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    ABSTRACT: Infants learn how to regulate internal states and subsequent behavior through dyadic interactions with caregivers. During infant-directed (ID) singing, mothers help infants practice attentional control and arousal modulation, thus providing critical experience in self-regulation. Infants with Down syndrome are known to have attention deficits and delayed information processing as well as difficulty managing arousability, factors that may disrupt their efforts at self-regulation. The researcher explored responses to ID singing in infants with Down syndrome (DS) and compared them with those of typically developing (TD) infants. Behaviors measured included infant gaze and affect as indicators of self-regulation. Participants included 3- to 9-month-old infants with and without DS who were videotaped throughout a 2-minute face-to-face interaction during which their mothers sang to them any song(s) of their choosing. Infant behavior was then coded for percentage of time spent demonstrating a specific gaze or affect type. All infants displayed sustained gaze more than any other gaze type. TD infants demonstrated intermittent gaze significantly more often than infants with DS. Infant status had no effect on affect type, and all infants showed predominantly neutral affect. Findings suggest that ID singing effectively maintains infant attention for both TD infants and infants with DS. However, infants with DS may have difficulty shifting attention during ID singing as needed to adjust arousal levels and self-regulate. High levels of neutral affect for all infants imply that ID singing is likely to promote a calm, curious state, regardless of infant status. © the American Music Therapy Association 2015. All rights reserved. For permissions, please e-mail: journals.permissions@oup.com.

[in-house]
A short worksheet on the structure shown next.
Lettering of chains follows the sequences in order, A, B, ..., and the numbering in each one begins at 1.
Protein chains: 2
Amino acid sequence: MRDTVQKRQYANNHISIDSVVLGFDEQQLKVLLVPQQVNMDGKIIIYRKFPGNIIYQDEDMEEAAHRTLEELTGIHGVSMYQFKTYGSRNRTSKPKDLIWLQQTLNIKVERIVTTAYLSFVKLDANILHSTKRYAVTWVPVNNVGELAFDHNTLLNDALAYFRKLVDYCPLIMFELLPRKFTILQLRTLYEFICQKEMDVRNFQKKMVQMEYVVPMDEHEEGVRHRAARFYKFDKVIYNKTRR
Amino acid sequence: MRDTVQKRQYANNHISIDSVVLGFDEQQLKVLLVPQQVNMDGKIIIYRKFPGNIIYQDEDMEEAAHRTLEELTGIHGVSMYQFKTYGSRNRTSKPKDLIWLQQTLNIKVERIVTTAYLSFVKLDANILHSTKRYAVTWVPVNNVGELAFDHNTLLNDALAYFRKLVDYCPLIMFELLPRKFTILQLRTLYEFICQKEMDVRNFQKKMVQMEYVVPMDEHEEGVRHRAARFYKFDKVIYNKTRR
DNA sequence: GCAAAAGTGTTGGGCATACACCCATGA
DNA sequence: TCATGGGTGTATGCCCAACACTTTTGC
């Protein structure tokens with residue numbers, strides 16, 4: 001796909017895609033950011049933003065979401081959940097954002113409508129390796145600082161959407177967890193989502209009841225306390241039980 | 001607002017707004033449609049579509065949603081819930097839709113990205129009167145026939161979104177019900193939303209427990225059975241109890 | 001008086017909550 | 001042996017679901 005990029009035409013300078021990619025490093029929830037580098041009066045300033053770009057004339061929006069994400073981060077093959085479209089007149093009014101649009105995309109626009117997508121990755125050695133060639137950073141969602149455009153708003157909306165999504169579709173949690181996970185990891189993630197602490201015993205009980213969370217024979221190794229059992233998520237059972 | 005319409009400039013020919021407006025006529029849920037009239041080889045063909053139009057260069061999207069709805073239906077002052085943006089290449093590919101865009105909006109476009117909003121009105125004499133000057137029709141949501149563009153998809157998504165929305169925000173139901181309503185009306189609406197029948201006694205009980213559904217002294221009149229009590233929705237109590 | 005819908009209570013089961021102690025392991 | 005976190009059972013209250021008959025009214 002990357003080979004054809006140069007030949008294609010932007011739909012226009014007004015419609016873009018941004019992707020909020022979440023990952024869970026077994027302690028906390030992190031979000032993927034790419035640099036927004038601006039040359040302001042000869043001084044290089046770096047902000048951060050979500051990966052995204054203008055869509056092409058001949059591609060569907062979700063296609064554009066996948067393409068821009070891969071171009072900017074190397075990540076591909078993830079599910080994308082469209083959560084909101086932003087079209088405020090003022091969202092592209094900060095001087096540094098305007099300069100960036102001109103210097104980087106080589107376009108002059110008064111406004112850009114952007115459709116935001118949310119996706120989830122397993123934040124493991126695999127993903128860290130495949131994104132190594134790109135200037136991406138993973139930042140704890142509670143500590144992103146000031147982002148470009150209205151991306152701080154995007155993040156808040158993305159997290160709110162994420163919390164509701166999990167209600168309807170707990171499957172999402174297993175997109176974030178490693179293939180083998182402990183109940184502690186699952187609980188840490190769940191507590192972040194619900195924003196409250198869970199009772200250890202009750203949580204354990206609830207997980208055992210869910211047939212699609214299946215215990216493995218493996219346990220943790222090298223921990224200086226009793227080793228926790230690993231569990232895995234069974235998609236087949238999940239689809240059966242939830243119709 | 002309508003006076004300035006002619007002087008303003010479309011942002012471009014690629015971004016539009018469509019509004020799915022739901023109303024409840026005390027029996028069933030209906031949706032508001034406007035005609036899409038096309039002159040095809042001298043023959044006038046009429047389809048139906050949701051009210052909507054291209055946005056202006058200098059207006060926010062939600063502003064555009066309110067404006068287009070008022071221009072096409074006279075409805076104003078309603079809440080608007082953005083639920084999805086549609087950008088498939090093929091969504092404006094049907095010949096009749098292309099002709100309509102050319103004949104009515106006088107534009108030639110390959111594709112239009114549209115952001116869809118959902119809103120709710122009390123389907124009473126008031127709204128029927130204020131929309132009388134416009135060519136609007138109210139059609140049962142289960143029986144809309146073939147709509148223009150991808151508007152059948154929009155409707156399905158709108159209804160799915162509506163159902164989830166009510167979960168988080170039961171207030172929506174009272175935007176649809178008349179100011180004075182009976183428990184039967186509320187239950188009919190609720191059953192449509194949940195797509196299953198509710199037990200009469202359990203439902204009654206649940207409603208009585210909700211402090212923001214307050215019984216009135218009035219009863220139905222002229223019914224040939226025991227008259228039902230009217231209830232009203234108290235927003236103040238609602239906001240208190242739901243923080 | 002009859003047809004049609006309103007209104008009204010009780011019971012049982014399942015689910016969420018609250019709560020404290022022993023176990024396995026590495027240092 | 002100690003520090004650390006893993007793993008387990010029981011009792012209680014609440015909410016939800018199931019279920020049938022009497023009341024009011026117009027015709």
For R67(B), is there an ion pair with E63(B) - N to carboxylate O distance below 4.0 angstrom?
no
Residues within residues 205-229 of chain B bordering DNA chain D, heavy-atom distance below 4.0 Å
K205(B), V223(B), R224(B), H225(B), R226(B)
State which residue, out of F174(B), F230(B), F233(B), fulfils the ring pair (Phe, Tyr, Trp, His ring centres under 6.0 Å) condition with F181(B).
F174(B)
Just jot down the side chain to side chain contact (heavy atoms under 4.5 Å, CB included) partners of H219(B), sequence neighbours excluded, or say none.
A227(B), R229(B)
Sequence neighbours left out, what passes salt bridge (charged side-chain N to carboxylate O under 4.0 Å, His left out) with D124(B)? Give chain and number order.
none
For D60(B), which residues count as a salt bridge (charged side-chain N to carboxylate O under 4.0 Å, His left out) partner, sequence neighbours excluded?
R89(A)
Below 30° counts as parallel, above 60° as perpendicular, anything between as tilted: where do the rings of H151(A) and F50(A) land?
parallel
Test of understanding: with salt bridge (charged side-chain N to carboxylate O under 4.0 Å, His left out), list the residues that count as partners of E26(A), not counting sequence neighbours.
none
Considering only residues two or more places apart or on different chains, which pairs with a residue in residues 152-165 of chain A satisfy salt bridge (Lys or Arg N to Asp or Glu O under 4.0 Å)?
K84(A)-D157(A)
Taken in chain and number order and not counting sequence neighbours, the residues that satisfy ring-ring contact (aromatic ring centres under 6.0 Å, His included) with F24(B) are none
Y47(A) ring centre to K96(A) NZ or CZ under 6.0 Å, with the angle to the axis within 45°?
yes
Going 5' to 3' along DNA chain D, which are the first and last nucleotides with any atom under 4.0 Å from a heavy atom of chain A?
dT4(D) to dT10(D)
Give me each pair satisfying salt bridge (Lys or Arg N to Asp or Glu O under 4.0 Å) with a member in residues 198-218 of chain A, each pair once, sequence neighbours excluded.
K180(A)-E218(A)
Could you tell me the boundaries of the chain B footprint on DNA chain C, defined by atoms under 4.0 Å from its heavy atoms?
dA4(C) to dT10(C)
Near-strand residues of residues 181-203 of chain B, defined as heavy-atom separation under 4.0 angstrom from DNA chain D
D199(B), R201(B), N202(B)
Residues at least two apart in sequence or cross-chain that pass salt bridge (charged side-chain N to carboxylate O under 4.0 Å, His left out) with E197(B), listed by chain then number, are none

Journal of music therapy 05/2015; 52(2). DOI:10.1093/jmt/thv003